find time enough for a farther conversation on this subject: And, finally, (if the times will bear it) to apply this system of Language to all the different systems of Metaphysical (i. e. verbal) Imposture.' Part II. p. 516.

If, at the proposed adjournment, he traces the verb according to a specimen, which, under a different head, he has given in his second volume, he will indeed fulfil his promise, of applying this system of language to one system of verbal imposture. Of this, we shall give our readers opportunity to form their own judgement.

* The Verb does not denote any Time ; nor does it imply any Assertion. No single word can. Till one single thing can be found to be a couple, one single word cannot make an Assertion or an Ad-firmation : for there is joining in that operation ; and there can be no junction, of one thing. . . F. Js not the Latin Ibo an assertion ?

H. Yes, indeed is it, and in three letters. But those three letters contain three words; two verbs and a pronoun.

All those common terminations, in any language, of which all Nouns or Verbs in that language equally partake (under the notion of declension or conjugation) are themselves separate words with distinct meanings : which are therefore added to the different nouns or verbs, because those additional meanings are intended to be added occasionally to all those nouns or verbs. These terminations are all explicable, and ought all to be explained ; or there will be no end of such fantastical writers as this Mr. Harris, who takes fustian for philosophy.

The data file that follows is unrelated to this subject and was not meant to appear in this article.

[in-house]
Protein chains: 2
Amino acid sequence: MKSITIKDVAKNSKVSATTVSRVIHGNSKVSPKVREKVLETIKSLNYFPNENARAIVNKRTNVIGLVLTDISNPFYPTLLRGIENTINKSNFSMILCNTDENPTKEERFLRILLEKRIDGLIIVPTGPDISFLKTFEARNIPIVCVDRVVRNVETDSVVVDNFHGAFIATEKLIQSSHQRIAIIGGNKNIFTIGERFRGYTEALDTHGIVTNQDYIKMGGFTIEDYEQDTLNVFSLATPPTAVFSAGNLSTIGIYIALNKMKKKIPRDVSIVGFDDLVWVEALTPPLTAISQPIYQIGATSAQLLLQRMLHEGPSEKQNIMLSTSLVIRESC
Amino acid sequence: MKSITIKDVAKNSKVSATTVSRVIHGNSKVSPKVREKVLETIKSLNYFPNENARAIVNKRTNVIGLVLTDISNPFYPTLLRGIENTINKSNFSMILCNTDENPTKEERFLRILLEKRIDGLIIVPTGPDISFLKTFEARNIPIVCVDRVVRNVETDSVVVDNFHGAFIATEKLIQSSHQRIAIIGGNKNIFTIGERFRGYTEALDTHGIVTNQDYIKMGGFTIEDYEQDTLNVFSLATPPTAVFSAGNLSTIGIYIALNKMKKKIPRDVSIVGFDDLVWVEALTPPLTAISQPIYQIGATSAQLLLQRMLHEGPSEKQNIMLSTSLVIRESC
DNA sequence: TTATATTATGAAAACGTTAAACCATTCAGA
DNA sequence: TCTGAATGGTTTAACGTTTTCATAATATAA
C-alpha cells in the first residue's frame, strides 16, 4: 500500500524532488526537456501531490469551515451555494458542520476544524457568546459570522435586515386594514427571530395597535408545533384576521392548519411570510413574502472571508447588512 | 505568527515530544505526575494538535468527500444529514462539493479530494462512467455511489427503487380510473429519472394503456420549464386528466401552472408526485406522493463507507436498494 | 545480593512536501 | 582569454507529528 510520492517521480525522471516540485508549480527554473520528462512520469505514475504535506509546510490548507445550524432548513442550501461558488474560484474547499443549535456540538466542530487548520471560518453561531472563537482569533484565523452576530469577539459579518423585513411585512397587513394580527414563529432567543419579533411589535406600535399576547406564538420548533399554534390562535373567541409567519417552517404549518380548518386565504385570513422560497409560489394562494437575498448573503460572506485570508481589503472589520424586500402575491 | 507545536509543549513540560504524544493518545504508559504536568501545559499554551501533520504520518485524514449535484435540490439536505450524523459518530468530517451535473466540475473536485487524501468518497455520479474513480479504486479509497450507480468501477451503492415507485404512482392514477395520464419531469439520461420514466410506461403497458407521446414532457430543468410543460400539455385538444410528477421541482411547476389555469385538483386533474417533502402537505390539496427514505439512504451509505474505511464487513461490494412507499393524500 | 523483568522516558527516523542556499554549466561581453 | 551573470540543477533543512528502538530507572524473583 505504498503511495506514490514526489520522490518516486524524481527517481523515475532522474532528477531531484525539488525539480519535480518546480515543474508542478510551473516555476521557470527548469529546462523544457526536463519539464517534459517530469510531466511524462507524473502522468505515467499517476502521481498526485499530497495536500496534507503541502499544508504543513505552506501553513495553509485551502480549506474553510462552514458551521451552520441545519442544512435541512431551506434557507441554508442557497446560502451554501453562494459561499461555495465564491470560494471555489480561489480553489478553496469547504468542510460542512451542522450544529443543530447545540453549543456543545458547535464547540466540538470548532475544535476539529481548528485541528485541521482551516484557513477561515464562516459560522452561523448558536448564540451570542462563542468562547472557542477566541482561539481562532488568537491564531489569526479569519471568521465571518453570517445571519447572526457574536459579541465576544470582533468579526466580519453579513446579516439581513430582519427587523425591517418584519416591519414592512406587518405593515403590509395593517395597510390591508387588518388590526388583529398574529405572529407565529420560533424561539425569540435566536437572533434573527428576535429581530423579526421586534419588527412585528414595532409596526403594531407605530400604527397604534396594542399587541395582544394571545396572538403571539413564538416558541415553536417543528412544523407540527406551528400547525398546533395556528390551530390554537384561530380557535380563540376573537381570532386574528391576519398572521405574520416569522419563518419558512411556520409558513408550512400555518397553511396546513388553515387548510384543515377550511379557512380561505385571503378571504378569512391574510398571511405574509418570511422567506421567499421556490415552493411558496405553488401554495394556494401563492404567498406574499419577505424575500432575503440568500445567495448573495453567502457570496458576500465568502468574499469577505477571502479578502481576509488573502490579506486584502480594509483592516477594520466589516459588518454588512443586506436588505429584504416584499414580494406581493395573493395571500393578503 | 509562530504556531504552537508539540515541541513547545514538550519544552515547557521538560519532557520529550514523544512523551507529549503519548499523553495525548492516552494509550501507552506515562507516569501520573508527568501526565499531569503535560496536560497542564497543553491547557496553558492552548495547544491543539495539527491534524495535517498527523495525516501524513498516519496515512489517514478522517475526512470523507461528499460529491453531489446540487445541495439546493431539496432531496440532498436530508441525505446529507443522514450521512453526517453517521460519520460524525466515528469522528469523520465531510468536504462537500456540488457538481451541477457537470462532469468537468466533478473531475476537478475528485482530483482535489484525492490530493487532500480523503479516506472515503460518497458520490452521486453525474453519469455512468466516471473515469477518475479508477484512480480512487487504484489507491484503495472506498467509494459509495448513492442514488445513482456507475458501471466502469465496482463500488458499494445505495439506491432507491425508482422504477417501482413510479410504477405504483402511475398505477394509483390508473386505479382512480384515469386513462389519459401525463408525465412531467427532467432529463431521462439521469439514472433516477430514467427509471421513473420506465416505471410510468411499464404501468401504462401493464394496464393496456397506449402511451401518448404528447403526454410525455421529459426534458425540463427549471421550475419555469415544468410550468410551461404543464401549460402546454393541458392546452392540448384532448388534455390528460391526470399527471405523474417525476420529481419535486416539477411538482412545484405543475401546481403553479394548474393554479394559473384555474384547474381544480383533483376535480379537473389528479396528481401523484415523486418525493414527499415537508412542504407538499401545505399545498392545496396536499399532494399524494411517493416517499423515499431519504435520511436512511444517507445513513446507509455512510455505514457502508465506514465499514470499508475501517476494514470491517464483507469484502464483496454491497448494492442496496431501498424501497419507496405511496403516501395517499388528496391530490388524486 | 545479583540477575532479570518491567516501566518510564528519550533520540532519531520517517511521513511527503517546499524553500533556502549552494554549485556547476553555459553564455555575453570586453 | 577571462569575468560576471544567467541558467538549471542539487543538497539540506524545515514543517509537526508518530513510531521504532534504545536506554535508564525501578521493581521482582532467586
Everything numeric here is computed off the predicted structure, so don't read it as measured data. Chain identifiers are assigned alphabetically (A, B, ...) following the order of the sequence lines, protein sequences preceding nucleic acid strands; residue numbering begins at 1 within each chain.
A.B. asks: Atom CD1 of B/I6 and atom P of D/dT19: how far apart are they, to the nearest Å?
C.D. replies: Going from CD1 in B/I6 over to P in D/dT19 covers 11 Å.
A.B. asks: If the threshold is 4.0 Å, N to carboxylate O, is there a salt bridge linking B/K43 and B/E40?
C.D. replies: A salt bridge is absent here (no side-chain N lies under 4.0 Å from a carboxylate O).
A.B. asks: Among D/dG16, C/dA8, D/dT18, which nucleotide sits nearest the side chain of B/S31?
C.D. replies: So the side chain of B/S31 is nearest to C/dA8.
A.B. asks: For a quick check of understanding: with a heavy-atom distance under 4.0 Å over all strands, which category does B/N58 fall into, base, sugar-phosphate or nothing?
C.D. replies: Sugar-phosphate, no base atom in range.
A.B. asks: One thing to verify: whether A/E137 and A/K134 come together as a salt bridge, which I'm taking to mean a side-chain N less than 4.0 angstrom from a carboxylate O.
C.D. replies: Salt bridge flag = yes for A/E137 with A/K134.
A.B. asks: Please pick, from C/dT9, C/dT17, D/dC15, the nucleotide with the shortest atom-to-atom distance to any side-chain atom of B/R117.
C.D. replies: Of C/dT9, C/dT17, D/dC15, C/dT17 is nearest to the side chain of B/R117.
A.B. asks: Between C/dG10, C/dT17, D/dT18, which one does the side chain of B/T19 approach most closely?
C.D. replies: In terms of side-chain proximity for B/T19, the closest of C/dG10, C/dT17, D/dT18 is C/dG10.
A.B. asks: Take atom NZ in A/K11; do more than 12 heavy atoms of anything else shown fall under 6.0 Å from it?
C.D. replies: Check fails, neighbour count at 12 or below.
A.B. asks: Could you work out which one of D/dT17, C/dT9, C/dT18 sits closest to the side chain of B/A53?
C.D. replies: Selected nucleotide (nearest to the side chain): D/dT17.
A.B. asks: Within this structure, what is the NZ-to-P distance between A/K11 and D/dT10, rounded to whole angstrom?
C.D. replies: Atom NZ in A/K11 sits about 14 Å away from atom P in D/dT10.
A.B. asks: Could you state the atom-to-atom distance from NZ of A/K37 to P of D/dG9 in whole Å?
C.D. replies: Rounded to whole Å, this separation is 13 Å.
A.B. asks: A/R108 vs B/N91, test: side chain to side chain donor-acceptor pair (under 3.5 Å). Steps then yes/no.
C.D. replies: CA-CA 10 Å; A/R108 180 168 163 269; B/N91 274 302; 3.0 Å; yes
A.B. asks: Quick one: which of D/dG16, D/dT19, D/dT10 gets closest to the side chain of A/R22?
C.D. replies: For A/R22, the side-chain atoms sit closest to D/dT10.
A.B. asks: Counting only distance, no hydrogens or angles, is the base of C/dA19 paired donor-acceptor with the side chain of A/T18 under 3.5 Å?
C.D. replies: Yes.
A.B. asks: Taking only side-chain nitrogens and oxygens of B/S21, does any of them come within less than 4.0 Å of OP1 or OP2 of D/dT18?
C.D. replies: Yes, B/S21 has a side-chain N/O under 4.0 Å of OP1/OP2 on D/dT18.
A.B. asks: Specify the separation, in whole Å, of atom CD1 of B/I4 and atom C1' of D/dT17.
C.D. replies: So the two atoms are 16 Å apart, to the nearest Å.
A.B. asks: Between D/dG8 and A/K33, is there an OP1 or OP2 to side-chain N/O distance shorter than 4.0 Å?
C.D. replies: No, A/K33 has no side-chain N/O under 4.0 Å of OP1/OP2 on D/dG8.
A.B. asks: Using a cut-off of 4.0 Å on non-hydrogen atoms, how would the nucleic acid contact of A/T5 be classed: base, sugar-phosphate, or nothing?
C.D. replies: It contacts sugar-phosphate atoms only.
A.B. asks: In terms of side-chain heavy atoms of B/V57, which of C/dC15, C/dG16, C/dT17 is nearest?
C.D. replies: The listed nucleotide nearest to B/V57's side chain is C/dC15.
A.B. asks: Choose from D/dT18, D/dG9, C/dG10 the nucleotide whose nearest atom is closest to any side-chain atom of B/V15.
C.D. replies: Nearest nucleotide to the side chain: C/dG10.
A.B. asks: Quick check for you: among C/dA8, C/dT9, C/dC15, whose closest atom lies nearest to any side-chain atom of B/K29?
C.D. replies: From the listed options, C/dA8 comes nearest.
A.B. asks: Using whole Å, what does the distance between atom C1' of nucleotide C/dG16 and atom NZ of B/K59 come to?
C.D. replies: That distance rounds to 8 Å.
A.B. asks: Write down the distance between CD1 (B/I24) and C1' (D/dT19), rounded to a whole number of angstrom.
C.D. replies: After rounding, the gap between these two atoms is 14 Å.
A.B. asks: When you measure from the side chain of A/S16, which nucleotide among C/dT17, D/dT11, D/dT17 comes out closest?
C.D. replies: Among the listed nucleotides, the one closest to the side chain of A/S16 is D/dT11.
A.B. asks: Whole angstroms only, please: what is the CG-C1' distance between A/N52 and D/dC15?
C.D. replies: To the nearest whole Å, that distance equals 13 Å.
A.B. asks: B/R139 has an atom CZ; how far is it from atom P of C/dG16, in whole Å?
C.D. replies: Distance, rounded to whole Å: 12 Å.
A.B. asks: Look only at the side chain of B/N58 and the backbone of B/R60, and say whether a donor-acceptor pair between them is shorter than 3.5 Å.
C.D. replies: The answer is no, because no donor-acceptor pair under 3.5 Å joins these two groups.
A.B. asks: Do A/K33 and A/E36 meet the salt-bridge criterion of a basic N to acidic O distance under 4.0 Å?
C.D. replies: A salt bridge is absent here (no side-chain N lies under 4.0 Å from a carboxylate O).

In the Greek verb l-Eyes (from the antient Ew or the modern Esun;) In the Latin verb I-re; and in the English verb To-Hie, or to Hi, (A. S. higan;) the Infinitive terminations xvxı and re make no more part of the Greek and Latin verbs, than the Infinitive prefex To makes a part of the English verb Hie or Hi. The pure and simple verbs, without any suffix or prefix, are in the Greek I (or E! ;) in the Latin 1; and in the English Hie or Hi. These verbs, you see, are the same, with the same meaning, in the three languages; and differ only by our aspirate.

In the Greek βουλ-ομαι Or (as antiently) βουλ-εω, or βουλω, βουλ only is the verb; and qual, or sw, is a common removeable suffix, with a separate meaning of its own. So in the Latin Vol-o, Vol is the verb; and o a common removeable suffix; with a separate meaning. And the meaning of Ew in the one, and O in the other, I take to be Eyw Ego: for I perfectly concur with Dr. Gregory Sharpe and others, that the personal pronouns are contained in the Greek and Latin terminations of the three persons or their verbs. Our old English Ich or Ig (which we now pronounce I) is not far removed from Ego,

Where we now use Will, our old English verb was Wol; which is the pure verb without prefix or suffix.

Thus then will this Assertion Ilo stand in the three languages; inverting only our common order of speech, Ich, Wol, Hie, or Hi, to suit that of the Greek and Latin ;

English, Hi, Wol, Ich. Latin, I. Vol, O. Greek, I, Bova, sw.
They who have noticed that where we employ a w, the Latin em-
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ploys